May 2020, Now it’s Plummeting?
In a matter of only a few weeks, the COVID-19 stay at home orders saw commercial real estate activity decrease by 90% as governments prevented touring of for sale and lease properties and companies looked through clouded eyes to try and see what the future holds for their business. At the same time, investors, who have been sitting on the side lines with a lot of cash, in markets they felt were overpriced, are now on the hunt for “deals”! In the beginning of the year we predicted that 2020 was a decelerating year for commercial real estate, but now it looks like it may be a plummeting year. The longest ever waive of economic expansion that Denver has been riding has come to an end as the U.S. appears to be entering a recession.
For the office, retail and hospitality markets, there is a deep sense of uncertainty in the industry. Big box and mall retail locations will see vacancies increase as larger retailers fail to weather the storm. Hospitality properties such as hotels and restaurants will have a very long recovery time and some of them may never reopen. With office space, we are in the midst of the largest work-from home experiment ever! Different companies could be seeing different messages. Some may decide they need less space because they have learned that employees can function by working at home. Other companies may find they need to increase their square footage to facilitate a decrease in density to obtain necessary social distancing. Some companies may send 50% of their employee’s home, leaving them with enough current space to redesign their layout for social distancing. These same companies may also decide to move from the highest price Class A properties to lower cost B and C properties. With employees only being in the office 50% of the time, and little interest in using publicly accessible facilities, companies may find they can forgo all of the amenities of higher class office properties in favor of more attractive lease rates in lower quality properties.
What will the overall effect of the COVID-19 virus be on the commercial real estate market? The truthful answer is, no one knows. It’s too early to predict the impact and there are very few post COVID completed transactions to measure what direction property values and lease rates may be going. The COVID-19 issue may be the least of Denver’s problems. With a high percentage of downtown Denver’s office market occupied by energy sector tenants, and oil prices dropping, some are concerned Denver and Colorado could see a downturn like that of the 1980s as these tenants consider smaller or zero footprints.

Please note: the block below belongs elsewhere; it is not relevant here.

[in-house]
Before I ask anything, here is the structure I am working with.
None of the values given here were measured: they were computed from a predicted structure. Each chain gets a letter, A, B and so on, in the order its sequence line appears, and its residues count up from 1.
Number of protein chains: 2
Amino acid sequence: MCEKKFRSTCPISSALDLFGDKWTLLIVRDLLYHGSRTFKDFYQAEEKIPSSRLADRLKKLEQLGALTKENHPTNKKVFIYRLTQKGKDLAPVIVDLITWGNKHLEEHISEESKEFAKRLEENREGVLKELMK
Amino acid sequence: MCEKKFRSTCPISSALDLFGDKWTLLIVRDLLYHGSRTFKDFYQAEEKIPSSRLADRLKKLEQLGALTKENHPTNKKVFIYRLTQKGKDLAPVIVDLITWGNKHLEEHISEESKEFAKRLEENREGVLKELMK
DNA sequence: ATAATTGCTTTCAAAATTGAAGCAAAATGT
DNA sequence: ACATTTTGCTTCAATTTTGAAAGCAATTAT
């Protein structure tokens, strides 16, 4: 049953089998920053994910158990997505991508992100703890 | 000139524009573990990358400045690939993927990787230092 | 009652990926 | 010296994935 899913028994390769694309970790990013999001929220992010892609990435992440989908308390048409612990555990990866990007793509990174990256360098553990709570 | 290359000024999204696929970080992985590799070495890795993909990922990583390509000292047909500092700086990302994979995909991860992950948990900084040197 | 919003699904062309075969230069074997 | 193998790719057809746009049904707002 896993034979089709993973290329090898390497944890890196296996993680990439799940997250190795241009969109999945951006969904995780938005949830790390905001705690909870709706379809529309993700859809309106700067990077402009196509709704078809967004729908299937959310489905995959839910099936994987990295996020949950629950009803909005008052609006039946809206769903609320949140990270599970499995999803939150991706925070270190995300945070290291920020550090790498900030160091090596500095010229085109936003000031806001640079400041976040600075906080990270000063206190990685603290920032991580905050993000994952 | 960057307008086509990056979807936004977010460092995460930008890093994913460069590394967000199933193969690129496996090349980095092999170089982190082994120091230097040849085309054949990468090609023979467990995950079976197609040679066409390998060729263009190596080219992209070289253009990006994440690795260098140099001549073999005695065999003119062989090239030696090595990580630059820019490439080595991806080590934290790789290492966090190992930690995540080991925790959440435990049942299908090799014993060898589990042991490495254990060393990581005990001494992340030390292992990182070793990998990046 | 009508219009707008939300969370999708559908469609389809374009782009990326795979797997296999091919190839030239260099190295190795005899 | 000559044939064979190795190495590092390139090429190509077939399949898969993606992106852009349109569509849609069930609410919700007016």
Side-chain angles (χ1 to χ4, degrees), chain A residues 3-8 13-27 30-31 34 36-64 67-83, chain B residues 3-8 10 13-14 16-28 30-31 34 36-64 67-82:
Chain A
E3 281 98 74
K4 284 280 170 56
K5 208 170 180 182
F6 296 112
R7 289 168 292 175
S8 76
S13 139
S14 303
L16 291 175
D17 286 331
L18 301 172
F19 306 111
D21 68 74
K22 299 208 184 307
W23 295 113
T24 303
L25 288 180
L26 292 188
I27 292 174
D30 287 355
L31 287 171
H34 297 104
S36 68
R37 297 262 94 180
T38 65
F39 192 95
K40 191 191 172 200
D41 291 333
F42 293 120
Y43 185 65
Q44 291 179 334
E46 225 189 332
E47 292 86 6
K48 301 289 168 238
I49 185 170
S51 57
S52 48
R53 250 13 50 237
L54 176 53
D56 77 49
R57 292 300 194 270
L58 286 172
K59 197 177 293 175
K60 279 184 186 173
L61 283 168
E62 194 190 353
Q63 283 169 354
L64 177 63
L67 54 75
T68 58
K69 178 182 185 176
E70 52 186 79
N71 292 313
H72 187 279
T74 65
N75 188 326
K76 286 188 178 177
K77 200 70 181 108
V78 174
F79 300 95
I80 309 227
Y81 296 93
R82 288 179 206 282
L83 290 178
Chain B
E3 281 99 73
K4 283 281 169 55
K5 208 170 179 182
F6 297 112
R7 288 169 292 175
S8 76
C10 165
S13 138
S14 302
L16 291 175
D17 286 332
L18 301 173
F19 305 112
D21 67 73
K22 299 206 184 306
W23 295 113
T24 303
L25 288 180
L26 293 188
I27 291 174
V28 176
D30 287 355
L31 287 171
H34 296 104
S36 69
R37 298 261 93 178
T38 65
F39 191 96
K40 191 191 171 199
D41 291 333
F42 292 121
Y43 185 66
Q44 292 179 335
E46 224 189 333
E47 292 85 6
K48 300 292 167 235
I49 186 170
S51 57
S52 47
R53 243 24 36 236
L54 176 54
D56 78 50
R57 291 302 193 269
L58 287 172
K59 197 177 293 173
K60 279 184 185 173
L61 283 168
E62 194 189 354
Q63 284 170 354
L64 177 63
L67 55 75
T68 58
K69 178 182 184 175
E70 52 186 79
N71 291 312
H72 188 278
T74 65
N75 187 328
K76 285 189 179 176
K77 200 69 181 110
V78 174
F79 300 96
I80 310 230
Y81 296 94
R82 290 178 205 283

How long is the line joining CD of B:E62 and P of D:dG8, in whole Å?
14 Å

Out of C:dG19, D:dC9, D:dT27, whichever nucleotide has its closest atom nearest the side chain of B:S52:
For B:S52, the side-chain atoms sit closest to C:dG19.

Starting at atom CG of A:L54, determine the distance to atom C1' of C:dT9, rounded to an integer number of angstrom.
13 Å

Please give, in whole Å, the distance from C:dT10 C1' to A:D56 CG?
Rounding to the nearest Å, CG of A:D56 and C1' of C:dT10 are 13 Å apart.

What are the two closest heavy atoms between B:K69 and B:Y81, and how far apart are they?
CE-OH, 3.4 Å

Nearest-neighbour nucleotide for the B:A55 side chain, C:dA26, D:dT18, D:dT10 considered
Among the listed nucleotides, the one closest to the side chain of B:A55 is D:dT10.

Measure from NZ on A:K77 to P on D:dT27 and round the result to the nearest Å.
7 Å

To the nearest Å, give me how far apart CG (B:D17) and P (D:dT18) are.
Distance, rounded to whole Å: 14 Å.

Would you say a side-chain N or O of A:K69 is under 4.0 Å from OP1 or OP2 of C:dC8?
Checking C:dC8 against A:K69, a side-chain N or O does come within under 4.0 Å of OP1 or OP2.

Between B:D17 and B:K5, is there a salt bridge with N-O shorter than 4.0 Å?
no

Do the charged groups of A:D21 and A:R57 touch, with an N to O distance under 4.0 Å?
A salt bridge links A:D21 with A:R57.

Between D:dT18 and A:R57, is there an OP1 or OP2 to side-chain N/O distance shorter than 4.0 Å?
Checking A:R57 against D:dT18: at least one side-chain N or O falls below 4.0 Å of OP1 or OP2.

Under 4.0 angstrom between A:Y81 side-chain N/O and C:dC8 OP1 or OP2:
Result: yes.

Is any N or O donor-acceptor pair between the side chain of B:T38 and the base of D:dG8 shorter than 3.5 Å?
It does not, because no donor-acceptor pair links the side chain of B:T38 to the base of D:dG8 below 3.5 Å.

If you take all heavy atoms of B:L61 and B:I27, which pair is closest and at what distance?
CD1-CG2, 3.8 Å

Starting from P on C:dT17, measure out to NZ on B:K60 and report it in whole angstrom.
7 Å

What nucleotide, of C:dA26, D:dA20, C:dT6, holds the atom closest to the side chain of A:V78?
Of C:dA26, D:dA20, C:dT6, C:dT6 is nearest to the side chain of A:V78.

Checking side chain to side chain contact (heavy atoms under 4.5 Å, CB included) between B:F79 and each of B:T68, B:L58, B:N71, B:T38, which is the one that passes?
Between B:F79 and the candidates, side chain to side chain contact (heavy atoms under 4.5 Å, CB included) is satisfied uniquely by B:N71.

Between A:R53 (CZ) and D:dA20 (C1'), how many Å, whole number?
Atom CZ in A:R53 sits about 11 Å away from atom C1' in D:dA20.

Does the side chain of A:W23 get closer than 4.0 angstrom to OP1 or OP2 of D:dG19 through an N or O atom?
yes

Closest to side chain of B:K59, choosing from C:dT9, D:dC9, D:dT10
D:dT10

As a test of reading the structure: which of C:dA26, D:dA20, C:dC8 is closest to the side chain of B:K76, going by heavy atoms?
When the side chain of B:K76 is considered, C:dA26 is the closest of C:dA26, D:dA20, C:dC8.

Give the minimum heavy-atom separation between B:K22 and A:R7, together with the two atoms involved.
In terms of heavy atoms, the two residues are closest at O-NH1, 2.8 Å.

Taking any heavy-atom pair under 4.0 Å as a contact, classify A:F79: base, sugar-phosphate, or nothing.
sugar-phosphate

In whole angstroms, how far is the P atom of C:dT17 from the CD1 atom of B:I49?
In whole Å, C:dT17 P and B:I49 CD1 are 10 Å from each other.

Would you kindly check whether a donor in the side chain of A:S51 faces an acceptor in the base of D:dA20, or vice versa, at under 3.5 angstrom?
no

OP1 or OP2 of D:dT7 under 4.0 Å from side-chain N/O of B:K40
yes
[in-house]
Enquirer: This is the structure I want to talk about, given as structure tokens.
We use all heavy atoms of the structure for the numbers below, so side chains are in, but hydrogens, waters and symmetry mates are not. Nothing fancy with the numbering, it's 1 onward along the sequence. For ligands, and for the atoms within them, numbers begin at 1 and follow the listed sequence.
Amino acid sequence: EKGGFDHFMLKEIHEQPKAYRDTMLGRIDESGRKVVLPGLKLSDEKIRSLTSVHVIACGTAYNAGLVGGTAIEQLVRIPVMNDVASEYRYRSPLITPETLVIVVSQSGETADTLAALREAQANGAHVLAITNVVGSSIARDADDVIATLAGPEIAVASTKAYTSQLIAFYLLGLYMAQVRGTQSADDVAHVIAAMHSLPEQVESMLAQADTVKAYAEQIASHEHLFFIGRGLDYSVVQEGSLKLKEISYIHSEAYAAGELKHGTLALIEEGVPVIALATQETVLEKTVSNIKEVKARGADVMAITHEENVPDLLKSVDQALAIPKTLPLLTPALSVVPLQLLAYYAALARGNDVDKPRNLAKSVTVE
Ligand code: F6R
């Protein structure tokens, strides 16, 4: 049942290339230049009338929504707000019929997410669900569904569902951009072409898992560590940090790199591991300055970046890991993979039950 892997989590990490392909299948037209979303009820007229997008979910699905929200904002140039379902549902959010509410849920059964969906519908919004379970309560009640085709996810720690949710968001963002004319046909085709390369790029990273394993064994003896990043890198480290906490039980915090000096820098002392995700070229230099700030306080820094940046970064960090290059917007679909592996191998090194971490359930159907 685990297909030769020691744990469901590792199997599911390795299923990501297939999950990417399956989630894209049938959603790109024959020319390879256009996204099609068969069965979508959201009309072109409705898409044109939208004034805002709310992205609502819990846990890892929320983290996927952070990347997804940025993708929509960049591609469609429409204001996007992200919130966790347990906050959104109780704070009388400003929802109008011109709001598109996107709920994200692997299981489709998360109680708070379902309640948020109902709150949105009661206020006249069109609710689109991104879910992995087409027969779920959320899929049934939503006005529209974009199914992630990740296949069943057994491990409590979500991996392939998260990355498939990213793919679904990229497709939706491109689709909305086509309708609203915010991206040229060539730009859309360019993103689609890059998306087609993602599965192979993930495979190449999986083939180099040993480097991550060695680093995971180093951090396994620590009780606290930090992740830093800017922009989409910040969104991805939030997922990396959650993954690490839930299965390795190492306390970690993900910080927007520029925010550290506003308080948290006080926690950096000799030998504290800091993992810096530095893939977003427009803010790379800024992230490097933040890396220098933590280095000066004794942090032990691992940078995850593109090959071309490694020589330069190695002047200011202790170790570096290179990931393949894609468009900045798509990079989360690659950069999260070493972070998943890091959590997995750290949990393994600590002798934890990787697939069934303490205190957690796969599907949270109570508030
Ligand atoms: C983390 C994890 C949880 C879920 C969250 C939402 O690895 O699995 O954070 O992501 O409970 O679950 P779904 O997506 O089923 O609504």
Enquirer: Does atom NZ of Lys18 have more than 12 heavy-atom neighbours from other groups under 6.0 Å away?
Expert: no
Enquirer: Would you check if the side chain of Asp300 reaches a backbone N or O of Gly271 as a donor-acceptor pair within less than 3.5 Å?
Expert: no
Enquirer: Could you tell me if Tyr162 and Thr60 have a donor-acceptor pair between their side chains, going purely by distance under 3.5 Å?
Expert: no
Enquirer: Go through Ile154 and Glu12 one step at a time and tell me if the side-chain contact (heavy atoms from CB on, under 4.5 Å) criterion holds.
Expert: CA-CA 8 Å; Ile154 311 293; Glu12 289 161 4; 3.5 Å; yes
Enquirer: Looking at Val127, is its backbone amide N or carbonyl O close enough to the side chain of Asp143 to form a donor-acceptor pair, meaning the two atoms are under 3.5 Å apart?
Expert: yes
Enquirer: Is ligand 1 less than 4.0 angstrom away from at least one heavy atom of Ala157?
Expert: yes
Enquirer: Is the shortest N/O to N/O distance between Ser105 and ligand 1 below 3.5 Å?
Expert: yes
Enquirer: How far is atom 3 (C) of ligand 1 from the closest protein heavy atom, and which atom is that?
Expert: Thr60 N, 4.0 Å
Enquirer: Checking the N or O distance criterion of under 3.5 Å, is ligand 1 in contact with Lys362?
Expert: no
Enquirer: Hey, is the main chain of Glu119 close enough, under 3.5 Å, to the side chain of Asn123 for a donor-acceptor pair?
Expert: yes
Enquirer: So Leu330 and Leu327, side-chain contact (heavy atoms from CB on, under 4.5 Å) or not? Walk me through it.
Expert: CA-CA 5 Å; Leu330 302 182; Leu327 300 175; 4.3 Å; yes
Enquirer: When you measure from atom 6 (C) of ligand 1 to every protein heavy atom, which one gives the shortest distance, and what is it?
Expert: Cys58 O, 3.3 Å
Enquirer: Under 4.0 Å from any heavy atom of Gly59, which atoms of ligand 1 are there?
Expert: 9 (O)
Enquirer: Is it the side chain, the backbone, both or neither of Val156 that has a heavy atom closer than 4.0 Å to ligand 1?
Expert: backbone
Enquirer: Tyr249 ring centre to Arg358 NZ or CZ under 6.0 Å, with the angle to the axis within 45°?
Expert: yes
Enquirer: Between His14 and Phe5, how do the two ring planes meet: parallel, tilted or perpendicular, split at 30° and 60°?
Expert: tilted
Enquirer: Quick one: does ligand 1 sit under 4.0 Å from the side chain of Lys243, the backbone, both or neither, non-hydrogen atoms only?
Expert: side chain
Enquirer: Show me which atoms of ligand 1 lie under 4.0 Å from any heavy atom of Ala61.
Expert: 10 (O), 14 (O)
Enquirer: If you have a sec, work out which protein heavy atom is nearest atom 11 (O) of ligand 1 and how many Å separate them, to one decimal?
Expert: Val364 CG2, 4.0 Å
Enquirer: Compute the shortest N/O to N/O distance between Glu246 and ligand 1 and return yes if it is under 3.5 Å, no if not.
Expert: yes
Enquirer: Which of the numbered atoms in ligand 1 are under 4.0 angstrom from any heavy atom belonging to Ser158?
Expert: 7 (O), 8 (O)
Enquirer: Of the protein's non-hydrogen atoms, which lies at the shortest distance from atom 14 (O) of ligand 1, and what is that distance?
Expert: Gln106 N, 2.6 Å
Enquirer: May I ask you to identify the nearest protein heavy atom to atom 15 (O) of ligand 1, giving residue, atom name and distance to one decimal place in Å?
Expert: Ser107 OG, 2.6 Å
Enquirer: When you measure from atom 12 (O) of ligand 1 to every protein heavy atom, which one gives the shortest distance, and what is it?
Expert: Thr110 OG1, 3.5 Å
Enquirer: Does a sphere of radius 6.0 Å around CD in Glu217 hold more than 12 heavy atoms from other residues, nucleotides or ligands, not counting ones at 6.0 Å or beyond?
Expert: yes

Denver’s office vacancy at the end of first quarter 2020 increased to 10.5% up from 10.1% one year ago. Net absorption during 1st quarter of 2020 was a negative 483,696 square feet of space. Average asking lease rates for all metro Denver office space continued to increase to $28.61 per Rentable square foot on a full service lease. Office space availability is expected to rise for the balance of 2020 which will cause downward pressure on asking lease rates. 1st quarter 2020 ended with Denver having over 3.1 million square feet of office space under construction, which consisted of 32 properties that were 41.5% preleased. The construction pipeline is the smallest it has been in 4 years, and fewer construction starts are expected in the near future.
Many tenants could need rent relief way beyond the length that their PPP loan will last. There are a number of options a tenant can employ to reduce their occupancy costs, such as recasting leases–what we call “blend and extend”, rent holidays, lease buyouts from existing or new landlords, or subleasing all or part of your existing space.
Expectations are for the office market to move more strongly to a tenants market. Tenants of all sizes should be able to command lower lease rates and stronger incentives, such as more free rent, increased tenant finish allowances, moving and cabling allowances, and discounted or free covered parking. Landlords will be looking closer at tenant credit and ability to withstand another round of stay at home orders.
Tenants with lease renewal options should make sure they have expert advice on market lease rates and not just accept a lease renewal rate proposed by their landlord. For companies that wish to relocate or build out new space, significant time will be needed to accomplish design, obtain construction permits and complete construction. For most tenants, starting the process 9 to 12 months in advance of your lease expiration is appropriate. For large tenants, starting 1 to 2 years in advance is necessary. Identifying upcoming space options, gaining market knowledge on other tenants negotiated lease rates, tenant finish allowances, free rent, and other incentives is necessary to achieve the best economics on your next lease decision. Retaining an experienced commercial real estate consultant to represent your company is imperative to navigating our “new normal”, accomplishing your goals, and keeping your companies occupancy costs as low as possible.